12 Tips for Preventing Back Pain

Back pain plagues most people at some point in their lives. You can avoid it, however, with some simple changes to your daily habits. Consider the way you carry yourself, your fashion choices, what you eat, and your tech habits -- all can contribute to back pain.

Follow these 12 tips to keep your back healthy and prevent pain.

Maintain a healthy weight

If you’re at a healthy weight, you’re less likely to suffer from back pain. Extra pounds put stress on the joints of the vertebrae and shift your center of gravity, so your back works harder every day. A sensible diet with reasonable portion sizes is key to helping you maintain a healthy weight. Focus on lean proteins, fresh produce, whole grains, and sensible amounts of healthy fats. Minimize your intake of processed and fast foods.

Stretch and strengthen

A few daily moves support a healthy, mobile back. Each morning, for example, get on all fours and round and sink your spine -- in yoga, it’s known as cow and cat poses -- for about 10 rounds. Stand tall and hold a side bend right and left for 10-20 seconds. Lie on your abdomen on a mat or clean carpet and extend your legs behind you, feet pressing into the floor and arms alongside your hips. Gently lift your face, chest, and arms in a cobra, pausing for just a few counts. Repeat 10-12 times each day.

Sit and stand with good posture

Watch your posture when you’re standing and sitting. If you sit a lot at a desk, choose a chair that ergonomically designed to support a straight back. When you stand, focus on keeping your ears over your shoulders and your shoulders over your hips. Be conscious of habits, such as shifting your weight all onto one leg or hunching from the neck or hips.

Get a good mattress

Plush, soft mattresses fail to support your back as you sleep. Choose one that offers medium to firm support for quality back support.

Sleep on your side

Once you’ve chosen the right mattress, train yourself to sleep on your side. Or sleep on your belly, but put a pillow under your lower abdomen to take stress off your back. Choose a supportive pillow, too. Sleeping on your back can aggravate back pain, as can cushy pillows that push your neck out of alignment.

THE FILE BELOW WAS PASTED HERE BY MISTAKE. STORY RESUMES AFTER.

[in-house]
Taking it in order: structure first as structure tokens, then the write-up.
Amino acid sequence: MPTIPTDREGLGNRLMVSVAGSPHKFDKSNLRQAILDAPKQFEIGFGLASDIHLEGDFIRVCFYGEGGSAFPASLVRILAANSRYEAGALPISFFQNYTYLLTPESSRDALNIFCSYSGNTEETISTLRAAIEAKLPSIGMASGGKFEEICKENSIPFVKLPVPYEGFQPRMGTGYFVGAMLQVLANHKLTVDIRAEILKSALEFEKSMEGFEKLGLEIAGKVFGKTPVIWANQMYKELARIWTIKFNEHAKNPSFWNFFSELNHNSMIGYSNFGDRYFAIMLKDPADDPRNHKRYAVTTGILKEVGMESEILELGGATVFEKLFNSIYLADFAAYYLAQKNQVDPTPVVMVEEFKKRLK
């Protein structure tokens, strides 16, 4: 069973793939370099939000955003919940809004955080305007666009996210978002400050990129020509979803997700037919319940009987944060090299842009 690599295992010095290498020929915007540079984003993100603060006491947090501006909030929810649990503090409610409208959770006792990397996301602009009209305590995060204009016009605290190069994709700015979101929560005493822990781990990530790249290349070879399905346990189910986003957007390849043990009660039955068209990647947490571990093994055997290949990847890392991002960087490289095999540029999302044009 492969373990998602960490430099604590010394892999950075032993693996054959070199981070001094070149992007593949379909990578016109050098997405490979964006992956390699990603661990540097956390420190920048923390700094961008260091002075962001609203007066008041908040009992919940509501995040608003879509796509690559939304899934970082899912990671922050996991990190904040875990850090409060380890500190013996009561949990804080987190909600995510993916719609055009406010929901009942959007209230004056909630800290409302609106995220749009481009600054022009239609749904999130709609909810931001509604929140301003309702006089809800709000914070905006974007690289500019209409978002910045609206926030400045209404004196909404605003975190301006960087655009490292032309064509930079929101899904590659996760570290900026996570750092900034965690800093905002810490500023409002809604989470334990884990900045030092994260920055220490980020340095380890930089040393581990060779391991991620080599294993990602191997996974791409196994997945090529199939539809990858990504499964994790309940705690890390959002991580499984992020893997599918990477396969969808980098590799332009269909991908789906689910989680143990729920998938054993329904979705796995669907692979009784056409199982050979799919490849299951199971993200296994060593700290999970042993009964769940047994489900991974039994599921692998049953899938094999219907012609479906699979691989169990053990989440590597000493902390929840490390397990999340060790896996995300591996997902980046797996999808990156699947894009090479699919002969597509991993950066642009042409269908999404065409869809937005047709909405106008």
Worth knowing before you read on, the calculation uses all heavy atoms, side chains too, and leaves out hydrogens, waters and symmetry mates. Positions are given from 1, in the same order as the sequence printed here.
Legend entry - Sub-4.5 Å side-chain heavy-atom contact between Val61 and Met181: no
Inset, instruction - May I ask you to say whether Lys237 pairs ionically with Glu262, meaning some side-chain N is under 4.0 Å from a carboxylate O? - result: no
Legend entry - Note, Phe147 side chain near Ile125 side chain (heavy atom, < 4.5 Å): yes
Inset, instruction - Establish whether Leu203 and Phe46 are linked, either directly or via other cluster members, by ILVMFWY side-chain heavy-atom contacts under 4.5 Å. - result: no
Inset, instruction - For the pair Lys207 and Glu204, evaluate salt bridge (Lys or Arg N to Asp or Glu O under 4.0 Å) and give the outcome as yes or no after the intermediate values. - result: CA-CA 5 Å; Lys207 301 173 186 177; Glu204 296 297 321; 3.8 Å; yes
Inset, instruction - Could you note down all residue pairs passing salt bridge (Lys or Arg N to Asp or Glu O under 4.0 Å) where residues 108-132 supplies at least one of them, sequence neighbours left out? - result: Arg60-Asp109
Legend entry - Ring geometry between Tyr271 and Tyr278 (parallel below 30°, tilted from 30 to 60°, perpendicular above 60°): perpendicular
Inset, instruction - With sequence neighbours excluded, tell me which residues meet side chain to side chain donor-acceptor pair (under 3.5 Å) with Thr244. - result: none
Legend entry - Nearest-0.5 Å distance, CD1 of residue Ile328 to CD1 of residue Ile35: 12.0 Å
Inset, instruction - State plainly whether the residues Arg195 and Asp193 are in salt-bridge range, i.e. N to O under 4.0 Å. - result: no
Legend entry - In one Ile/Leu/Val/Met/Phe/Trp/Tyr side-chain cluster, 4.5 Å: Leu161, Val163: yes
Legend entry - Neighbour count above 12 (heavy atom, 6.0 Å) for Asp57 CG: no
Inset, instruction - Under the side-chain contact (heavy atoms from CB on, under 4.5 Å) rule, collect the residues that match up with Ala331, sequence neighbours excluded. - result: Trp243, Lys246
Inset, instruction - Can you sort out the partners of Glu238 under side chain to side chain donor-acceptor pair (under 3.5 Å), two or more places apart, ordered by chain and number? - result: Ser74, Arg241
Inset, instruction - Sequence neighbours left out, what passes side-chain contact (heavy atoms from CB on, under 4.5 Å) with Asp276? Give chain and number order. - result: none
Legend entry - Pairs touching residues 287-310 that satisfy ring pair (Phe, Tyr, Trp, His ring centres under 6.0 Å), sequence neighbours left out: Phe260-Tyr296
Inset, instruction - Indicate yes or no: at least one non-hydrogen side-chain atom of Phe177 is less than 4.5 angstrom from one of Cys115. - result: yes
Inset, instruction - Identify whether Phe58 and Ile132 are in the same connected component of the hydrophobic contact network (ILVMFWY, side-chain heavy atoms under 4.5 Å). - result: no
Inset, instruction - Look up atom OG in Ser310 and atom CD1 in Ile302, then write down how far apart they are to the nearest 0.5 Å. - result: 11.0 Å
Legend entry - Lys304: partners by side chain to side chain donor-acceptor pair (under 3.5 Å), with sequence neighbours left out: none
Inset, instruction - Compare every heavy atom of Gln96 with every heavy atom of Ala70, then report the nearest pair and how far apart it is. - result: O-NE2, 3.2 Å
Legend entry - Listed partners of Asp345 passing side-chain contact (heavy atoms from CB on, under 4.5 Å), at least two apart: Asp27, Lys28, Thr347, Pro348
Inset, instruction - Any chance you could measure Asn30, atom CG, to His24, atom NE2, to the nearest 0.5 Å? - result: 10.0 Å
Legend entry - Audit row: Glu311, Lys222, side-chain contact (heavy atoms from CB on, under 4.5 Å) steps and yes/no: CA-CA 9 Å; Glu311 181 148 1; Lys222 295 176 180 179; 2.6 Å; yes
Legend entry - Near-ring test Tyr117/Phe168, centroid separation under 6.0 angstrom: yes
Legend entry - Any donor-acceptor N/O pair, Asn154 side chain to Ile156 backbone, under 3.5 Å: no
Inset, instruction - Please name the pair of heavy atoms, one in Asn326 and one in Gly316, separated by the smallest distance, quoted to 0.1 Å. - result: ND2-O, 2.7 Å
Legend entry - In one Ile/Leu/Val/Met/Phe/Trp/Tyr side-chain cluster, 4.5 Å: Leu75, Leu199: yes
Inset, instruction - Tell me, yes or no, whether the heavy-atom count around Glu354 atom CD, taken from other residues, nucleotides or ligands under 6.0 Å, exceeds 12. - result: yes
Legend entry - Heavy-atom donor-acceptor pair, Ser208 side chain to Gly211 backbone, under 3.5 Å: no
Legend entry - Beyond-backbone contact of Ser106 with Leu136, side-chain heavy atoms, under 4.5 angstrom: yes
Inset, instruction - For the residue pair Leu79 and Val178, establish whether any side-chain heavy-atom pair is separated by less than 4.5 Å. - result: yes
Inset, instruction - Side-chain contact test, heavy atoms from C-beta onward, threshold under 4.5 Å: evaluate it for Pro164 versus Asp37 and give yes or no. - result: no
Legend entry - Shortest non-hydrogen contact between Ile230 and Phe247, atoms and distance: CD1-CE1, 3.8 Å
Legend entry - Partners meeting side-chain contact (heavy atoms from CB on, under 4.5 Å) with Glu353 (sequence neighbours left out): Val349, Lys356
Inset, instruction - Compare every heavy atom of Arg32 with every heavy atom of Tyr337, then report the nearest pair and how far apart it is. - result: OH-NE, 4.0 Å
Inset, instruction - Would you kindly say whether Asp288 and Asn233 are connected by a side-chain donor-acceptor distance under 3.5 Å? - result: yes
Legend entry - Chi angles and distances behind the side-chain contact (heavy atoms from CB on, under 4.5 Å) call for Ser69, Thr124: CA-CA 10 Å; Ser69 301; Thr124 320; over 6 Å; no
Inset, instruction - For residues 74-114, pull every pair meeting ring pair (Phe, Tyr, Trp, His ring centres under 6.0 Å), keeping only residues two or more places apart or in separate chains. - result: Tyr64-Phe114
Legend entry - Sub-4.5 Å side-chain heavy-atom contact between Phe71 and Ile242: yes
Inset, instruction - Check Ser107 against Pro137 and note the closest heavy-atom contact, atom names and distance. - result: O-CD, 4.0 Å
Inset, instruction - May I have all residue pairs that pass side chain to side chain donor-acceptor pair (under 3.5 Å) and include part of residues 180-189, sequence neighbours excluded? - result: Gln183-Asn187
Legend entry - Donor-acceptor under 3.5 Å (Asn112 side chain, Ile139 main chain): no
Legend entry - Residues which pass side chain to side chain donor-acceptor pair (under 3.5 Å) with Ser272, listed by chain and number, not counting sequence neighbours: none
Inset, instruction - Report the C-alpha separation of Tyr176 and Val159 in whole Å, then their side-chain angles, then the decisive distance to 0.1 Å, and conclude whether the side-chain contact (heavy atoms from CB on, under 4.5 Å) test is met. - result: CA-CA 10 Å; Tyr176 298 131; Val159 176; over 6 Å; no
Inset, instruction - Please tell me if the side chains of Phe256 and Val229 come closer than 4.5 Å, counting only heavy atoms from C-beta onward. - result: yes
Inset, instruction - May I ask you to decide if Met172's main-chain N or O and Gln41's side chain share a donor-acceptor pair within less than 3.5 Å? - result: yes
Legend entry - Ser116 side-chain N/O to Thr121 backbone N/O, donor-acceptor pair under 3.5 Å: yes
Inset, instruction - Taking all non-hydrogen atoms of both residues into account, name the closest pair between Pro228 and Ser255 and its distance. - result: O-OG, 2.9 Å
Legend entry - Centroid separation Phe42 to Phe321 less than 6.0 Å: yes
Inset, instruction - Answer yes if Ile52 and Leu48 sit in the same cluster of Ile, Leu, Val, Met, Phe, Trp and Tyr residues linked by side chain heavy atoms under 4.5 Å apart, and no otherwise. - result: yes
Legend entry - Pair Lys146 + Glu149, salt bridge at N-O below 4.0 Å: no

Leave the heavy lifting to the experts

Avoid lifting heavy objects, especially if you’re not regularly exercising. If you must lift, use good form. Bend your knees and maintain a straight back as you pick up or push the object. You want your legs to bear most of the work, not your spine.

Watch tech neck

Smartphones, tablets, and laptops put you in a position of a constantly rounded neck and upper back. This can lead to serious postural abnormalities over time as well as very real aches and pains. When you do use these devices, be conscious of how you sit. Stay upright and avoid spending long hours in front of them.

Don’t smoke

Smoking carries numerous health risks, even when it comes to your spine. Smoking exacerbates existing back pain, probably because it narrows blood vessels, which prevents oxygen and nutrients from reaching the spine. You experience slower healing times and are more susceptible to injury as a result.

Wear supportive shoes

High heels put your hips and ankles into awkward positions that cause a shift in your center of gravity. Unsupportive flats, even men’s suit flats, also provide little cushioning for your joints – including those in your spine. Do your back a favor and get fit for shoes that provide some support for your gait.

Pick a smart bag

A heavy backpack or purse slung over one arm throws off your balance and can lead to back pain. Even an overstuffed wallet tucked into a back pocket can cause back pain by forcing you to sit in an unusual position. Tuck just what you need into a pocket, or go for a messenger bag that slings across your body for better back health.

Wear loose clothes

Skinny jeans and other super tight clothing that restricts breathing and movement contribute to back pain. You can’t move through a full range of motion and may hold your posture in a way that isn’t conducive to good back health. If your breathing is restricted by tight clothes, your back also suffers.


Regular exercise affords a number of benefits, including improved heart and respiratory health. It also strengthens your muscles and bones, so you’re less vulnerable to back injury and pain. Get the recommended 150 minutes of moderate-intensity cardiovascular exercise weekly and aim for at least two resistance-training sessions a week that train all the major muscle groups -- including your back, chest, shoulders, arms, hips, abs, and legs.

Back pain is not an inevitability. You can prevent it with simple lifestyle habits. If, however, you do suffer – contact us at Joyce Family Chiropractic and Wellness for relief.

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